Elsewhere

  • Jeremy Gantz '04 was featured in a December 30 Quincy (Mass.) Patriot Ledger article titled "Reaching out to help" about the victims of the Asian tsunami. Gantz is a Fulbright Scholar studying the educational system in Sri Lanka. Away on vacation during the tsunami, Gantz's mother reported that he would soon return to see the condition of his apartment and to lend assistance in recovery efforts. Gantz was a history major at Carleton.

  • The Carleton women's basketball team's service learning trip to Thailand this past summer was the focus of FOX Sports Net's "NCAA On Campus" show, which aired Wednesday, December 22. The feature was shot on campus in November and featured interviews with Tammy Metcalf-Filzen, associate professor of physical education, athletics and recreation and head women's basketball coach, and seniors Katie and Beth Freeman of Richfield, Minn., and Kristi Colbenson of Rushford, Minn. Katie Freeman is a chemistry major, Beth Freeman is a history major and Colbenson is a biology major.

  • The Denver Post and the Boston Globe both ran stories in December about college athletics that mentioned Carleton. The December 29 Globe article, titled" Pace setters for graduating college athletes," mentioned Carleton as one of few colleges that has a graduation rate of 80 percent or more for athletes. The December 31 commentary in the Post, titled "Let college sports go pro," assured readers that both students and sports thrive at schools without athletic scholarships, including Carleton.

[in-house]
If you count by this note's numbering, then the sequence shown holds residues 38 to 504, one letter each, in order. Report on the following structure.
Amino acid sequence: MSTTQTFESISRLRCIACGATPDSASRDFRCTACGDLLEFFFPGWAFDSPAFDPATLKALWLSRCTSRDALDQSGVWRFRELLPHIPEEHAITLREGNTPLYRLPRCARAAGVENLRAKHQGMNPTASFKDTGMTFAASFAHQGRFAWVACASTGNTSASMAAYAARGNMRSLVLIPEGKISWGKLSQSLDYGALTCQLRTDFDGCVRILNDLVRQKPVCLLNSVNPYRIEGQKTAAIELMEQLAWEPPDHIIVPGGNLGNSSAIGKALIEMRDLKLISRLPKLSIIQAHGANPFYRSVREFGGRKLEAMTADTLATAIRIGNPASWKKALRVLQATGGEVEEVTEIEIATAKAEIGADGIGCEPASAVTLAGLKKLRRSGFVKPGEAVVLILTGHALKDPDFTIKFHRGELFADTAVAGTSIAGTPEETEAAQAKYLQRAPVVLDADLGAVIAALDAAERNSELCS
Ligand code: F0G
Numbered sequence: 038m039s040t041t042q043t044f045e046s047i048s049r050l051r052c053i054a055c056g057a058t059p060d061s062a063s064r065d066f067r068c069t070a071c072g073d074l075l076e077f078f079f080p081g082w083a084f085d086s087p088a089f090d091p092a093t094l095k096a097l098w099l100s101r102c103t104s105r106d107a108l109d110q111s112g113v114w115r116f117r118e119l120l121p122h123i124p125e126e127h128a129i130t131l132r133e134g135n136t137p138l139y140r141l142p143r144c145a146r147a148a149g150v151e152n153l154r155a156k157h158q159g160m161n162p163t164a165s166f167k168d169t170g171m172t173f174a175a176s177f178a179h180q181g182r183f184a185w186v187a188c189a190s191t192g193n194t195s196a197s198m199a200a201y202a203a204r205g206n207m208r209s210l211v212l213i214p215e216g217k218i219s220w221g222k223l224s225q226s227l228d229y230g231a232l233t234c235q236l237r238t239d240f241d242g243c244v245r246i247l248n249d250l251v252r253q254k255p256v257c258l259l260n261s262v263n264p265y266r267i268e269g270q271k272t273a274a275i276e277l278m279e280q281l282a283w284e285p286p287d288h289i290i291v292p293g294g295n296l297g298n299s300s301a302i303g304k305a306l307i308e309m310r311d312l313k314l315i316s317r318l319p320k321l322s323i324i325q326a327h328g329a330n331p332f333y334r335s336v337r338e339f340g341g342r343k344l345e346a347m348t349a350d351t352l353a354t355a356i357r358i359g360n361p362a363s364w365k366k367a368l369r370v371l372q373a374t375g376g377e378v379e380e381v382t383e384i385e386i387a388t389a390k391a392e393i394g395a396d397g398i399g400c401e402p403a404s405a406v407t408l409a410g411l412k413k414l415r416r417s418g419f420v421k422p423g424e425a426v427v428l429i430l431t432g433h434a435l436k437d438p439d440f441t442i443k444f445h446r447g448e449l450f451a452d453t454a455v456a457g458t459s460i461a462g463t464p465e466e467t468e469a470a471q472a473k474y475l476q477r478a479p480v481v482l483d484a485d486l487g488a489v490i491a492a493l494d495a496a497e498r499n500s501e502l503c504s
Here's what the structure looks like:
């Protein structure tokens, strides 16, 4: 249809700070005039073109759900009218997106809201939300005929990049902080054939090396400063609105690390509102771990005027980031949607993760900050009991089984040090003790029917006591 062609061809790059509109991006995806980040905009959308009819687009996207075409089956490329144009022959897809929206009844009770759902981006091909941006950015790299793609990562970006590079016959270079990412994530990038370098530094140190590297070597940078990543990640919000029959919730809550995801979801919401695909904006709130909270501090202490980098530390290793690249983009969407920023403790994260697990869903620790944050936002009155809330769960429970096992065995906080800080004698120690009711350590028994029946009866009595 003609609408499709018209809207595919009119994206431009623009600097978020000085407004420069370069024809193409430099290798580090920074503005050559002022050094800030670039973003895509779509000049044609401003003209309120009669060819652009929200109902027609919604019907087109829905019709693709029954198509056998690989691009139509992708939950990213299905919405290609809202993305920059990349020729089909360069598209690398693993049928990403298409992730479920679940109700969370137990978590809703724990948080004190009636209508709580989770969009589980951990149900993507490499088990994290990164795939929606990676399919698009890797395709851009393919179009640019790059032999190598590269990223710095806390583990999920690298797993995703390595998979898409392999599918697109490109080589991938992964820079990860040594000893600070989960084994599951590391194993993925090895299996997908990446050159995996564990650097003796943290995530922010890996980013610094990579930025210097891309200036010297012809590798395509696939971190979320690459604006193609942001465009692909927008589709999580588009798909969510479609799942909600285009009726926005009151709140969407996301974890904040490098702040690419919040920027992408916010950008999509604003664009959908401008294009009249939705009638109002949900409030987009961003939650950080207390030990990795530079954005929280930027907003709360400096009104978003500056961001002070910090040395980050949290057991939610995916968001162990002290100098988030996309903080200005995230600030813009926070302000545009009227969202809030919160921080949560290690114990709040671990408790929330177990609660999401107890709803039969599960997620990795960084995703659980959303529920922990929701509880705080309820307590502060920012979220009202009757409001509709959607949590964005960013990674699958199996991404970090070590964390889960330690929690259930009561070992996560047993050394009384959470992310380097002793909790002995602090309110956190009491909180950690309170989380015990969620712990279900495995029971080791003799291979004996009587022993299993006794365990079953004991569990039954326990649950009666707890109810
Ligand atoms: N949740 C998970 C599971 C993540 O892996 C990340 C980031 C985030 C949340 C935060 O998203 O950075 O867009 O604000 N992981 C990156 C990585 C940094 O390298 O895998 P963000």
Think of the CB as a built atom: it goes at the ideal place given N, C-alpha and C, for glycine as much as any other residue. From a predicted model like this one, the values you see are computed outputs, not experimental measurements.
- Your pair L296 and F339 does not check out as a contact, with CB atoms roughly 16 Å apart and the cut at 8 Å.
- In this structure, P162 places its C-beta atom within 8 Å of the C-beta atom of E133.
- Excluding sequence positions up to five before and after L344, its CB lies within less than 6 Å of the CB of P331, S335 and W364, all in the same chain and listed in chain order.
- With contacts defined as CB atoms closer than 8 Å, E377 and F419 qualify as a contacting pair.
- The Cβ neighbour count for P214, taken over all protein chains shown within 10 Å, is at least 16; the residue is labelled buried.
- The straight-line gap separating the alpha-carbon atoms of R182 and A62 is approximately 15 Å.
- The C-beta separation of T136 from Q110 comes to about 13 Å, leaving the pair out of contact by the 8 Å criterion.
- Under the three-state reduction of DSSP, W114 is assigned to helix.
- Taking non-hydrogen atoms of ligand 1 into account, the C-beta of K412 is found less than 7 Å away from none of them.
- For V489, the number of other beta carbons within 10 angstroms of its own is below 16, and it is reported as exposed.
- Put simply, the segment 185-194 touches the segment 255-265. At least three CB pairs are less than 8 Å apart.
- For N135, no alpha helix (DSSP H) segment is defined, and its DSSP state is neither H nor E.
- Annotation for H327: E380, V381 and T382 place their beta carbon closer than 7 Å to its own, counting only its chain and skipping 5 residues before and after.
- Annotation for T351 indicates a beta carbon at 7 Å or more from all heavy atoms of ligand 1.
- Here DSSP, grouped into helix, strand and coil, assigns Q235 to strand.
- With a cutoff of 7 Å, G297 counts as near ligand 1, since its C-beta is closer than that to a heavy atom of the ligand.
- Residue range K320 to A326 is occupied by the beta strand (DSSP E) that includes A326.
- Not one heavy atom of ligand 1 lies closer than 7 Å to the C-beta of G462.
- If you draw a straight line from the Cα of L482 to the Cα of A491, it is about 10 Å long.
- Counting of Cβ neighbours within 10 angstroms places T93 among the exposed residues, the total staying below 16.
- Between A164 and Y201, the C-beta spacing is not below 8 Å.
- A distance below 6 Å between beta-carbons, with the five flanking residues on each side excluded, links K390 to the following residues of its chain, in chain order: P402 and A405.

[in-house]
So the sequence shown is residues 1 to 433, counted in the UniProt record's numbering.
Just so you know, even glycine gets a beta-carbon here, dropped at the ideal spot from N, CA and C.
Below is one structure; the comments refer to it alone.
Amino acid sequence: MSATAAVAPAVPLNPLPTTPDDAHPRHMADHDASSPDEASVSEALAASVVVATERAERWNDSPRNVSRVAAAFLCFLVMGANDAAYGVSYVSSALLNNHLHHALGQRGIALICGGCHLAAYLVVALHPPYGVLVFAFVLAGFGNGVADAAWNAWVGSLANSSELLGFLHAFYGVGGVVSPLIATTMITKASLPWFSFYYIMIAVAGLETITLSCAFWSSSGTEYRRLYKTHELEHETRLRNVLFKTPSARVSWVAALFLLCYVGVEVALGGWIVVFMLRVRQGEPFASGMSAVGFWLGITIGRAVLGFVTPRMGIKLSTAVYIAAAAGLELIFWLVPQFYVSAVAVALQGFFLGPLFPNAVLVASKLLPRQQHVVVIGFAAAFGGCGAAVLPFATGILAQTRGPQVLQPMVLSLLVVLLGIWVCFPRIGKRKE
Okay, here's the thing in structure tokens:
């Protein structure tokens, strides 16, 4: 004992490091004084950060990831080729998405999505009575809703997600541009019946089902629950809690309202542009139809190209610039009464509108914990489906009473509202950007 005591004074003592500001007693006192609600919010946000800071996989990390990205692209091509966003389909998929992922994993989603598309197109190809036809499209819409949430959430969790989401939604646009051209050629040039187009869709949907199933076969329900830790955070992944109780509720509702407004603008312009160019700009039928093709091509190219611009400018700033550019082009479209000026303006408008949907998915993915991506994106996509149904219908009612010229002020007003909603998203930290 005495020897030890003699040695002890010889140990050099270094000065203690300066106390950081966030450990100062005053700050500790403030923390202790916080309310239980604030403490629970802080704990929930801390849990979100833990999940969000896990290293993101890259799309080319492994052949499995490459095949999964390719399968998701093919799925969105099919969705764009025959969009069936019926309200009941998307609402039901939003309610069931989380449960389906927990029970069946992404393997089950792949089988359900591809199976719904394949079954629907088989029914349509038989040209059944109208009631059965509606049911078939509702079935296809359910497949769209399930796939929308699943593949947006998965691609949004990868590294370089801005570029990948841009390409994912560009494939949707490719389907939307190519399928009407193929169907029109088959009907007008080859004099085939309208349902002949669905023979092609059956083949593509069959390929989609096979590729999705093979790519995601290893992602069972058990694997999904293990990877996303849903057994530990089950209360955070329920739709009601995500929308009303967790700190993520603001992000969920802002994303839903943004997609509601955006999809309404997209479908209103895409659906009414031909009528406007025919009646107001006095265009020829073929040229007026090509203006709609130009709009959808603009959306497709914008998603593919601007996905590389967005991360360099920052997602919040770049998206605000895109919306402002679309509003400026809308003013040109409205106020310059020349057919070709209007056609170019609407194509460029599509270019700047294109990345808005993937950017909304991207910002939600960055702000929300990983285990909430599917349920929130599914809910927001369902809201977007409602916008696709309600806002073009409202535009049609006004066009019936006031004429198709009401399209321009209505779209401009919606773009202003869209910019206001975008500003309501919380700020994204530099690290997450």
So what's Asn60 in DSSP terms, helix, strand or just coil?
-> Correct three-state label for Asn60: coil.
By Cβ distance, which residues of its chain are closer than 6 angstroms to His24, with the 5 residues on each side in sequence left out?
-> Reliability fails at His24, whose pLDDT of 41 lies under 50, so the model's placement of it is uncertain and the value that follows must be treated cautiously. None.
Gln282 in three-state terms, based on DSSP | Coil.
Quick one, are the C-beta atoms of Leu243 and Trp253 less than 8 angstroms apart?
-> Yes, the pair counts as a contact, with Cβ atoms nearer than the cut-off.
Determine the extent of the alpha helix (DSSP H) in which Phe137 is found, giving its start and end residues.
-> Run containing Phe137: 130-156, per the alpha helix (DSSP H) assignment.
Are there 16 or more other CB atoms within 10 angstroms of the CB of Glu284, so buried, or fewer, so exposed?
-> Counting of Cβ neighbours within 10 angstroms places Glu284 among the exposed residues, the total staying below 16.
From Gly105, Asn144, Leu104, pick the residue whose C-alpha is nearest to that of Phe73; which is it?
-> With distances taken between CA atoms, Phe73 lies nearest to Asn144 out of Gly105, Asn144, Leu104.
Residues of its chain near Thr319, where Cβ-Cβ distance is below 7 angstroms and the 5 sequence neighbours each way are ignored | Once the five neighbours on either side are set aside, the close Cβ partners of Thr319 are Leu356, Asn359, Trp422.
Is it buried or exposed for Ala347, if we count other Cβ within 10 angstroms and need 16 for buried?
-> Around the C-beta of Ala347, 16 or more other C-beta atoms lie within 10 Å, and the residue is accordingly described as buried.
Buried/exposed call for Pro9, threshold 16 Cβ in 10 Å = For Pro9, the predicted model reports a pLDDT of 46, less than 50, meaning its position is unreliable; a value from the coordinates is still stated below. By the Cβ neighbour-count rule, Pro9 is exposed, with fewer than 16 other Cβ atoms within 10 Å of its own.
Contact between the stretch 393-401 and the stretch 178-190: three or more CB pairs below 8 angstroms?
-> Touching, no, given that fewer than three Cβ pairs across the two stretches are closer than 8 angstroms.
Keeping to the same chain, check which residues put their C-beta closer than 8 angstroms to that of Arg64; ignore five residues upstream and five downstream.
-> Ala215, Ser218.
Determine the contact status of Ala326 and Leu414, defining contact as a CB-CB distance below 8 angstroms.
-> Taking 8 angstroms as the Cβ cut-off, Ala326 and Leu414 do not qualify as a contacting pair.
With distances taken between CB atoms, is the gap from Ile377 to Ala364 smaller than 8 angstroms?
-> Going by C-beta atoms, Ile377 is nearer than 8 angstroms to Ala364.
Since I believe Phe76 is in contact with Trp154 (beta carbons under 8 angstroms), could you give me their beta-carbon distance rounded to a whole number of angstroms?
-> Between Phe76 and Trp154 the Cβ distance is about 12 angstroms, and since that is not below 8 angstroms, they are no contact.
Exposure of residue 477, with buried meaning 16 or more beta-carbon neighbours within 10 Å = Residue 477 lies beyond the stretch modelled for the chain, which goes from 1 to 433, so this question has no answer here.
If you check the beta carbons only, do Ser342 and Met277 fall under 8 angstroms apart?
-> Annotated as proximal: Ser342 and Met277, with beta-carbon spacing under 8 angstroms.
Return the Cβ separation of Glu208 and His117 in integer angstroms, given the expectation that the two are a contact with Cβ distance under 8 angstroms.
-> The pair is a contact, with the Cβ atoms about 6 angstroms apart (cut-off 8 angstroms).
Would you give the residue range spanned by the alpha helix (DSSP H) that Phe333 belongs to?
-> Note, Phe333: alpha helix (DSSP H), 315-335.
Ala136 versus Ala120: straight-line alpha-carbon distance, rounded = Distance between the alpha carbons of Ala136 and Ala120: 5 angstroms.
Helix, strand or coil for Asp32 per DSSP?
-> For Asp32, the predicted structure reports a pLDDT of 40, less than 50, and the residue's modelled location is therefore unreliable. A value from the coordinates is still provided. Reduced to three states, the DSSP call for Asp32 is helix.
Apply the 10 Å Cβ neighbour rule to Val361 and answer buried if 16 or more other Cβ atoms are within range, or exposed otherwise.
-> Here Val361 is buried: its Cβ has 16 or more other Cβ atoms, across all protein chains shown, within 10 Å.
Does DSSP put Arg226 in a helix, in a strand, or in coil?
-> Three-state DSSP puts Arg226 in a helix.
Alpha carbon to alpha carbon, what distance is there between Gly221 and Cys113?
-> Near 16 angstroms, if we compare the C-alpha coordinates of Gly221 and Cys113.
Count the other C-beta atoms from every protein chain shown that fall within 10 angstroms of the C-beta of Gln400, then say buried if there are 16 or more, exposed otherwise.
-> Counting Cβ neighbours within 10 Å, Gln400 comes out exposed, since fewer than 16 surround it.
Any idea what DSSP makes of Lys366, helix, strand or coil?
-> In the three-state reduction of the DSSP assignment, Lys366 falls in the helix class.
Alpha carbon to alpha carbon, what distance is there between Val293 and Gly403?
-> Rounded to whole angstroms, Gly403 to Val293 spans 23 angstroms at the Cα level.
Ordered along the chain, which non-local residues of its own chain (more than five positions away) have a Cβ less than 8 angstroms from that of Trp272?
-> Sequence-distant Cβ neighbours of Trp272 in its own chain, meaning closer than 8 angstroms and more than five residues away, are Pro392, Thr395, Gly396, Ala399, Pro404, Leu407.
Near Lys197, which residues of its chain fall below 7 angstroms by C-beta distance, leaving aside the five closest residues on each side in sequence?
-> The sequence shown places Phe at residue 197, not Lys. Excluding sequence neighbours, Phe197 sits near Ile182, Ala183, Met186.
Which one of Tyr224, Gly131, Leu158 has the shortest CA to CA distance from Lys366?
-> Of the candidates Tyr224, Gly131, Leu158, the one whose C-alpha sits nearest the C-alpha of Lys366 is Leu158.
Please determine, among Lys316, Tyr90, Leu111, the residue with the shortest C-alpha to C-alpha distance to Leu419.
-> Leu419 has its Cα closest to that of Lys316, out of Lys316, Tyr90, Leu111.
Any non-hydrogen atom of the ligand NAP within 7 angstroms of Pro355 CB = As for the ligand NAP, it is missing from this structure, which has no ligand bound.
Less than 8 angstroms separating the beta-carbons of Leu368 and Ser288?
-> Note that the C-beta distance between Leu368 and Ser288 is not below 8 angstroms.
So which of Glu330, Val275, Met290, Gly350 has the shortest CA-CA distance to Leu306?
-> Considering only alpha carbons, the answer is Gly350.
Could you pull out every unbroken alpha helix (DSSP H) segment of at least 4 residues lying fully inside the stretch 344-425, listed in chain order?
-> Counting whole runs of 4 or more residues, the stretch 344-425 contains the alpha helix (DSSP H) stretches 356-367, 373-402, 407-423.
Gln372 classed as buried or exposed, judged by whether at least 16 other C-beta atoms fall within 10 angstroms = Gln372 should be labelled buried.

• Charlie Cogan, senior assistant dean of admissions and director of international recruitment, was featured in a story in the December 6 Star Tribune about his work in Togo, West Africa, as a member of Rotary International. Cogan and 16 Rotarians will go to Togo this week to give polio vaccinations to children. "When you're around these kids for a few hours, it makes you want to protect them just like you'd want to protect your own," Cogan said in the story.

  • The Carleton art exhibition, "Kettles: Japanses Artistr and American Artists," was featured in a December 3 Memphis Commercial Appeal article titled "A different kettle of design." The exhibition, organized by Laurel Bradley, Carleton's director of exhibition and curator of the college's art collection, is on loan at the National Ornamental Metal Museum. The exhibition features, among others, kettles by Timothy Lloyd, the Class of 1941 Professor of Art and Liberal Arts. The Commercial Appeal called the show "the most beautiful exhibition in town.

  • Dean Harris '72 featured in Response

    December 1, 2004 at 11:18 am

    Dean Harris '72 was featured in a December 1 Response article titled "Marketing the future of the telephone." Harris is the Chief Marketing Officer for Vonage which is the leading provider of broadband telephone service. "As CMO at Vonage, I am tasked with all branding messages and customer acquisition programs. The largest part of this, of course, has been customer acquisition --we've grown from 3,000 customers when I started to 300,000 today," said Harris. He majored in sociology and anthropology at Carleton